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Scott Hoezee began the conference 'With a Shout: What Difference Does the Ascension Make for Everyday Life?
' conference with a stirring meditation this morning entitled "Ascension Audacity."
"This is not a day for modest claims," Hoezee said, asserting that to celebrate Christ's ascension is to celebrate his rule over the entire cosmos.
In an equally passionate plenary address following worship, Gerrit Scott Dawson sketched out the significance of the Ascension (introducing Dawson, Smit called his book Jesus Ascended one of the best things she's read on the Ascension--and she's read up on this topic). Dawson said the ascended Christ is like Valjean in Les Miserables, who descends into the sewers of Paris with the wounded Marius on his shoulders, then resurfaces to bring him to a place of healing. "God descends to where we are, enters our filth, finds our mortally wounded humanity, carries us through the sewers of this world, and up to heaven."
The fact that Christ continues to have a bodily existence in heaven, baffling as that is--"you have to admit, the Ascension is bizarre," Dawson said, later calling it "the most challenging intellectual doctrine ever created"--represents an exalting of our humanity, and keeps us from "spiritualizing the Ascension," he said.
Dawson quoted Karl Barth on the Ascension; Barth said Christ's human body was "a clothing he does not put off. It is His temple which He does not leave. It is the form which He does not lose." He also quoted Calvin, whose body was prone to constant ailments and looked to Christ's glorified body in heaven as what we will become after the resurrection of the body:
Although I am weak, there is Jesus Christ ... powerful enough to make me stand.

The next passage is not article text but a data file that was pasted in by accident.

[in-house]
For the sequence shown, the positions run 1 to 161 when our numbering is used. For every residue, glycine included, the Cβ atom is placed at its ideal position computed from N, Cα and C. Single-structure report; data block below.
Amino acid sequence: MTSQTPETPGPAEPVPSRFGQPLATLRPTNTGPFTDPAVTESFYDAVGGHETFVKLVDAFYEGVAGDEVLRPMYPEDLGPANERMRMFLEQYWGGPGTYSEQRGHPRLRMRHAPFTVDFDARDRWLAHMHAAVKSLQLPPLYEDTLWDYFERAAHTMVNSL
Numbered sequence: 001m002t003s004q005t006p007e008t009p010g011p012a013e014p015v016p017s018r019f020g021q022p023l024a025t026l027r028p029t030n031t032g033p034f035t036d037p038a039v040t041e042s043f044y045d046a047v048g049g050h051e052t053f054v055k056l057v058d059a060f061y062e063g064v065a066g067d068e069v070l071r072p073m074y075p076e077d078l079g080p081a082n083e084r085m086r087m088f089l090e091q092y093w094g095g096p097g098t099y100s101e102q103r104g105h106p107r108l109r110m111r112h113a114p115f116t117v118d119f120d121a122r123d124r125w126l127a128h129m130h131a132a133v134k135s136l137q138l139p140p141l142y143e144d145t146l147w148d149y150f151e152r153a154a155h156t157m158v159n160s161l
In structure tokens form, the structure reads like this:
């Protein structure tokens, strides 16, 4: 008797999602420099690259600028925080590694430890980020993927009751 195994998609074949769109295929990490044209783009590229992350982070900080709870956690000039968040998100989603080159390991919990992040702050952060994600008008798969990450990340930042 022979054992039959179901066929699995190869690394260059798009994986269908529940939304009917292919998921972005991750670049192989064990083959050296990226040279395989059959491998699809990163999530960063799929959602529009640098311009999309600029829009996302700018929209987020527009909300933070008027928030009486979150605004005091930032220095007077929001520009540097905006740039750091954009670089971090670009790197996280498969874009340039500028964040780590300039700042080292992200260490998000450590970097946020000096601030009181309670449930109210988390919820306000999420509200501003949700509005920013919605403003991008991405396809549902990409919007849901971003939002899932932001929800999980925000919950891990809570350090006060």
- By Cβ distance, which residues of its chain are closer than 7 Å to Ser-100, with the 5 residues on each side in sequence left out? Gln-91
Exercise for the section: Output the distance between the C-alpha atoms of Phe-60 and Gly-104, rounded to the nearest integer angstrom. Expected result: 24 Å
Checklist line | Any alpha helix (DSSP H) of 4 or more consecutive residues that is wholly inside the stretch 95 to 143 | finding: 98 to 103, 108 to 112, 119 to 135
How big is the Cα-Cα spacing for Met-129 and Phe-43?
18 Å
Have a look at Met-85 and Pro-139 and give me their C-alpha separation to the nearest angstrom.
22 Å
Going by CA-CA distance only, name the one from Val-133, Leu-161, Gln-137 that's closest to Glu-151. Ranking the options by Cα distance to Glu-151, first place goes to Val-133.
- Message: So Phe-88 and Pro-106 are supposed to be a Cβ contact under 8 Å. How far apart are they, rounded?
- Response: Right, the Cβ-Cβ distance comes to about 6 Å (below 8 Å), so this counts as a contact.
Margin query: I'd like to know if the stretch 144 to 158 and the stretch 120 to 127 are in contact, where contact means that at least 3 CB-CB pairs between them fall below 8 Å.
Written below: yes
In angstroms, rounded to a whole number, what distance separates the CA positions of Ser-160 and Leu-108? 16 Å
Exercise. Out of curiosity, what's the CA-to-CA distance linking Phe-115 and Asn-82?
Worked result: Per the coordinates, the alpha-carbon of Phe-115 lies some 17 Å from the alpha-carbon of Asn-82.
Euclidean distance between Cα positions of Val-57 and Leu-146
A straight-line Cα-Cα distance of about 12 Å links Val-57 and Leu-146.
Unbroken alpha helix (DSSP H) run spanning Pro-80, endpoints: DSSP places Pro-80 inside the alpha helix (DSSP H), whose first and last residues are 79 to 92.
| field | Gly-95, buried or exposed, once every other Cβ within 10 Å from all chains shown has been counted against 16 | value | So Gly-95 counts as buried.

Although I am feeble, there is Jesus Christ who is my strength.
Although I am full of miseries, Jesus Christ is in immortal glory and what He has will some time be given to me and I shall partake of all His benefits.
Thomas Boogaart then presented the Ascension from an Old Testament perspective. He gave the poignant metaphor of "the road between heaven and earth," a metaphor that encapsulates both the Old and New Testaments--the Israelites, the angels, and the prophets (such as Isaiah in Isaiah 6 and Paul in Acts 8) traveled that road. The end of the road is God's house, where we belong, where we will feast, where we long to be. And so, "the Ascension is not just an idea, it is a way of viewing the world." Seeing ourselves as travelers on that road--and making our own houses as much like God's house as we can, practicing hospitality--is how we live out our witness to Christ's ascension.
That was just the morning! The afternoon continued with plenaries and breakout sessions, many of which will be available soon at the Calvin Seminary audio lecture archive
. Also see this Vital Worship feature story and links on the Ascension